150 years of reaching for the sky: the evolution of tall buildings

Landmark

Tall buildings represent one of the greatest marvels and characteristic features of our modern times, but they didn’t appear overnight. Their existence is the result of continuous innovation, discovery and experimentation.

There have been so many innovations and game-changing moments throughout the evolution of skyscrapers that it’s hard to pick out the most important ones. URBAN HUB sat down with Dario Trabucco, Research Manager of the Council on Tall Buildings and Urban Habitat (CTBUH), to hear what he considers some of the most important milestones of skyscraper development.

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1852 – Elevators make higher rising possible

In 1852, Elisha Otis invented the world’s first “safety elevator” with a catch mechanism that could protect passengers if a cable broke. Only a short time later, in 1857, the first passenger elevator was opened to the public in the E.V. Haughwout Building, in New York City.

Now that stairs no longer rendered the upper floors less attractive, buildings were free to grow. According to Dario Trabucco, “The top floors used to be for the poor, but the elevator flipped everything around. The upper floors quickly became the most attractive as they boasted better natural light, cleaner air and less traffic noise.

The seven-story Equitable Life Building (1870) is considered by some to be the first skyscraper. In 1871, artist Alfred Emslie immortalized a newly-arrived German immigrant who gazed up at the building and said, “Das muss der Palast sein!” (That must be the palace!).

E. V. Haughwout Building

completed: 1857
Location: New York City, USA
Architectural style: Renaissance Revival (Italianate)
Structure: Cast iron façade, masonry
Stories: 5
Height: 79 feet / 24 meters
Distinction: First building with an elevator

Equitable Life Building

Completed: 1870
Location: New York City, USA
Architectural style: Renaissance Revival (French Baroque)
Structure: Masonry
Stories: 7
Height: 130 feet / 40 meters
Distinction: First office building with an elevator

"The invention of the elevator is what started ‘Tall’. Everything that came after that was affected."

Dario Trabucco

Research Manager, Council on Tall Buildings and Urban Habitat

 

 

Short bio: Dario Trabucco

Dario Trabucco is a tenured researcher in Building Technology at the IUAV University of Venice, Italy. His research includes the LCA analysis of tall buildings, service core design and the renovation of tall buildings.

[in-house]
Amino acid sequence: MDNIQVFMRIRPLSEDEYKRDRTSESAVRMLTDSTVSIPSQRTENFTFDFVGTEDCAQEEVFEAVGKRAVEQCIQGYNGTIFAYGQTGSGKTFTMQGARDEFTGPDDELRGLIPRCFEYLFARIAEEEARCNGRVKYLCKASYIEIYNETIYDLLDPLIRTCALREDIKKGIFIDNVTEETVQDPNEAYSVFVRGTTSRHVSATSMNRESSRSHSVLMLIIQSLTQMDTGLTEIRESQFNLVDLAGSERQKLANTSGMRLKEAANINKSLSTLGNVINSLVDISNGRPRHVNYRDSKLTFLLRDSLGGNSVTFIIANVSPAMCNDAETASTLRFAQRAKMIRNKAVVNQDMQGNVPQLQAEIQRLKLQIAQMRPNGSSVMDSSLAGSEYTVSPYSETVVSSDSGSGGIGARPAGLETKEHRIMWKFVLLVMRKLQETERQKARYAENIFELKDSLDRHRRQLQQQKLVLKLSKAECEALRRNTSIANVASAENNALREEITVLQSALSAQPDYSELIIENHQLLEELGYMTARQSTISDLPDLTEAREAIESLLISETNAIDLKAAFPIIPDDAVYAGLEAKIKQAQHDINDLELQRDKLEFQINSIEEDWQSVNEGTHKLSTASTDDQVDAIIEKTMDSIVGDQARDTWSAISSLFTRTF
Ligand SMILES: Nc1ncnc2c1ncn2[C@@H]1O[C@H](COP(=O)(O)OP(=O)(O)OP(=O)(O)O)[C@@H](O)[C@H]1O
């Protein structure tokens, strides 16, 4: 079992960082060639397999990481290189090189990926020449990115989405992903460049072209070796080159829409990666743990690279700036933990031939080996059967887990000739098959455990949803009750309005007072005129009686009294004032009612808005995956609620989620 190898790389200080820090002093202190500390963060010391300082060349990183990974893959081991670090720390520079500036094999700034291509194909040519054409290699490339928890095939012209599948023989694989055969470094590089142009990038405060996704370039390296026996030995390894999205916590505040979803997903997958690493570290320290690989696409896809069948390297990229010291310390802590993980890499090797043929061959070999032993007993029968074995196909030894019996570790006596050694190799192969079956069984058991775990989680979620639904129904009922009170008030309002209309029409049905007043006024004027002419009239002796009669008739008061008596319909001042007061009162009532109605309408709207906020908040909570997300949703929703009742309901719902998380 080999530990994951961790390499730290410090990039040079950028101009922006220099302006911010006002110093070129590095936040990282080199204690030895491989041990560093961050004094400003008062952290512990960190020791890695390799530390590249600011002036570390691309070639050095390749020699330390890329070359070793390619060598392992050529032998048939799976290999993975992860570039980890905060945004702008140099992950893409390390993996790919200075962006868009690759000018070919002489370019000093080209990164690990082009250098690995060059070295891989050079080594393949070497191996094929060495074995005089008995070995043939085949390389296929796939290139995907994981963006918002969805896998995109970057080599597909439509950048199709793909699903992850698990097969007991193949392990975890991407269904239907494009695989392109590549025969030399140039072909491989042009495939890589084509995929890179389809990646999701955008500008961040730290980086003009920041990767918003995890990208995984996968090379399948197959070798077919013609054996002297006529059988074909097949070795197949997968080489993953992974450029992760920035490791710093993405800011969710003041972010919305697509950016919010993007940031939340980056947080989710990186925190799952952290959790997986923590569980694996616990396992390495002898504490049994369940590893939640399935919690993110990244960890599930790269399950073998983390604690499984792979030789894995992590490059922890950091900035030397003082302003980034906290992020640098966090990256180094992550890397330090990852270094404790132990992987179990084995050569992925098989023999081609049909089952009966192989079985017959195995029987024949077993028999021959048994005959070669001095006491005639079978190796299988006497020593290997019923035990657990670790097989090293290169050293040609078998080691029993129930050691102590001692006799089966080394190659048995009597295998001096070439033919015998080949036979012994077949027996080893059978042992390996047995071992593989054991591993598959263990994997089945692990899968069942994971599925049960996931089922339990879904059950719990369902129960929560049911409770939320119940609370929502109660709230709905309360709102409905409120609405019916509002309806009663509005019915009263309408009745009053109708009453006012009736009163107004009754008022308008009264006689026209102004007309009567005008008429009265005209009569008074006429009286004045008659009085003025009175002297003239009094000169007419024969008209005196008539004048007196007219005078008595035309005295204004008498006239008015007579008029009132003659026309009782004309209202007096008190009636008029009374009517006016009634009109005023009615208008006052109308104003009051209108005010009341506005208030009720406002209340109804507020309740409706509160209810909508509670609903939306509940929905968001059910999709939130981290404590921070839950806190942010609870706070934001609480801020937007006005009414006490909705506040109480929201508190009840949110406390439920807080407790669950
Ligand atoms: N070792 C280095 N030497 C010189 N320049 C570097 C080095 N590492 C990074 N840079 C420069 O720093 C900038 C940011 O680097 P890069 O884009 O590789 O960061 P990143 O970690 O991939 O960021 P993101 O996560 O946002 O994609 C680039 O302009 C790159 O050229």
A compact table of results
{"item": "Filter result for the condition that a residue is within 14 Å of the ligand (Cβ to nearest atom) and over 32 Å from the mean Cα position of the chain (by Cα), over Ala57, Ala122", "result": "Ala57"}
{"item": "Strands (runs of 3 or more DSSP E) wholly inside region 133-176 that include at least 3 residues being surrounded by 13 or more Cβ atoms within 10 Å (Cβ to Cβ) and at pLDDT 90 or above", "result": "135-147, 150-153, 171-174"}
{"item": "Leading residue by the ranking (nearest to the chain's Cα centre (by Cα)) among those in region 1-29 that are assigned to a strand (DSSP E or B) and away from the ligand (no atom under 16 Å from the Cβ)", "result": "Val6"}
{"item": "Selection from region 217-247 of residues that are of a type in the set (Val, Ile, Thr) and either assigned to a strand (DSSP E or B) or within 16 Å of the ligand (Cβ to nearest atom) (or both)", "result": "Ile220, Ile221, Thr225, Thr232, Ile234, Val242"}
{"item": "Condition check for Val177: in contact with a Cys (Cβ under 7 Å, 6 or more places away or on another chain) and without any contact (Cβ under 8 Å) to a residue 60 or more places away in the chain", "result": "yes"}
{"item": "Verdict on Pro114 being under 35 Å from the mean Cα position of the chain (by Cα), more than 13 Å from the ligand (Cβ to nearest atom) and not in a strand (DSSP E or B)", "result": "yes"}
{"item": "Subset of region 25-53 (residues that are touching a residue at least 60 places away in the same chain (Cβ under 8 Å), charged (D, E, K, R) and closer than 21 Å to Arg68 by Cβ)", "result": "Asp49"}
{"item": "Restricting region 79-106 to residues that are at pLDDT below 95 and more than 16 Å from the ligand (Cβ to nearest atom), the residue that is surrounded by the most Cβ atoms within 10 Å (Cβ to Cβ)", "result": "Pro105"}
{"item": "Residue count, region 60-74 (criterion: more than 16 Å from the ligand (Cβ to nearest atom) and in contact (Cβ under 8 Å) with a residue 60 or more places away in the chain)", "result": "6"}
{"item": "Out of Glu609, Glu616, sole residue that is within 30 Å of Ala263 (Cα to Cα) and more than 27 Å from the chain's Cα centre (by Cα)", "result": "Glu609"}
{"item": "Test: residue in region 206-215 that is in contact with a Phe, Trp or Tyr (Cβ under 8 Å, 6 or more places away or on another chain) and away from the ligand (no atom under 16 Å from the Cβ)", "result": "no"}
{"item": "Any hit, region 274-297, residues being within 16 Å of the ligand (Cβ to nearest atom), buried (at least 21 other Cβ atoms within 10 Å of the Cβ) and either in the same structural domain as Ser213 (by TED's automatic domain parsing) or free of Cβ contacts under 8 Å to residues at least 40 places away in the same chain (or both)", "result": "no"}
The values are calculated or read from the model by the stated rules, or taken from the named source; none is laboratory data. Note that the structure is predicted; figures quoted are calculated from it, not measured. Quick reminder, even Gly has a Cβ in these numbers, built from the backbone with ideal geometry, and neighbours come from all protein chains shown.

Trabucco serves as CTBUH’s Research Manager, and he established the CTBUH Research Office in Venice, Italy. He was Principal Investigator for CTBUH studies on composite megacolumns and tall building damping technologies.

1916 – New York zoning law

Trabucco went on to explain the next important milestone in tall building construction, “The 1916 Zoning Resolution changed the shape of buildings in downtown New York, and gradually the buildings of other cities started to look very similar.

The resolution was meant to prevent buildings from blocking out the sun at street level. It did so by restricting towers to fit within a certain percentage of the lot size. Architects interpreted this by designing towers with a series of “setbacks”” where the building gets narrower the taller it grows.

According to the Skyscraper Museum founder, Carol Willis, this zoning law “became the principal inspiration behind a new style in skyscraper design and a new vision of the modern metropolis.[1] Ultimately, the resolution resulted in many beautiful Art Deco skyscrapers of the twenties and thirties, and marked the point at which architects stopped imitating classic European models.

 

[1] Willis, C. (1986). Zoning and Zeitgeist: The Skyscraper City in the 1920s. Journal of the Society of Architectural Historians, 45(1), 47–59.

Chrysler Building

Completed: 1930
Location: New York City, USA
Architectural style: Art Deco
Structure: Steel
Stories: 77
Height: 1,046 feet / 318.9 meters
Distinction: World’s tallest building from 1930-1931

Empire State Building

Completed: 1931
Location: New York City, USA
Architectural style: Art Deco
Structure: steel
Stories: 102
Height: 1,454 feet / 443.2 meters
Distinction: World’s tallest building from 1931 to 1971

1950s – Rise of curtain wall skyscrapers

In 1952, the Lever House was built with a fully glazed curtain wall. It wasn’t the first example of this technique, but its style inspired innumerable buildings in New York and around the world. Trabucco explained, “Floor-to-ceiling glass, coupled with better lighting and ventilation, meant individual floors could be much bulkier.”

This architectural style of rectangular towers of glass became the standard of International Style skyscrapers. The non-load bearing, glass curtain walls maximized usable floor space by improving external light penetration.

Lever House

Completed: 1952
Location: New York City, USA
Architectural style: International Style
Structure: Glass shell, steel frame
Stories: 21
Height: 307 feet / 93.6 meters
Distinction: First office building with fully-glazed curtain wall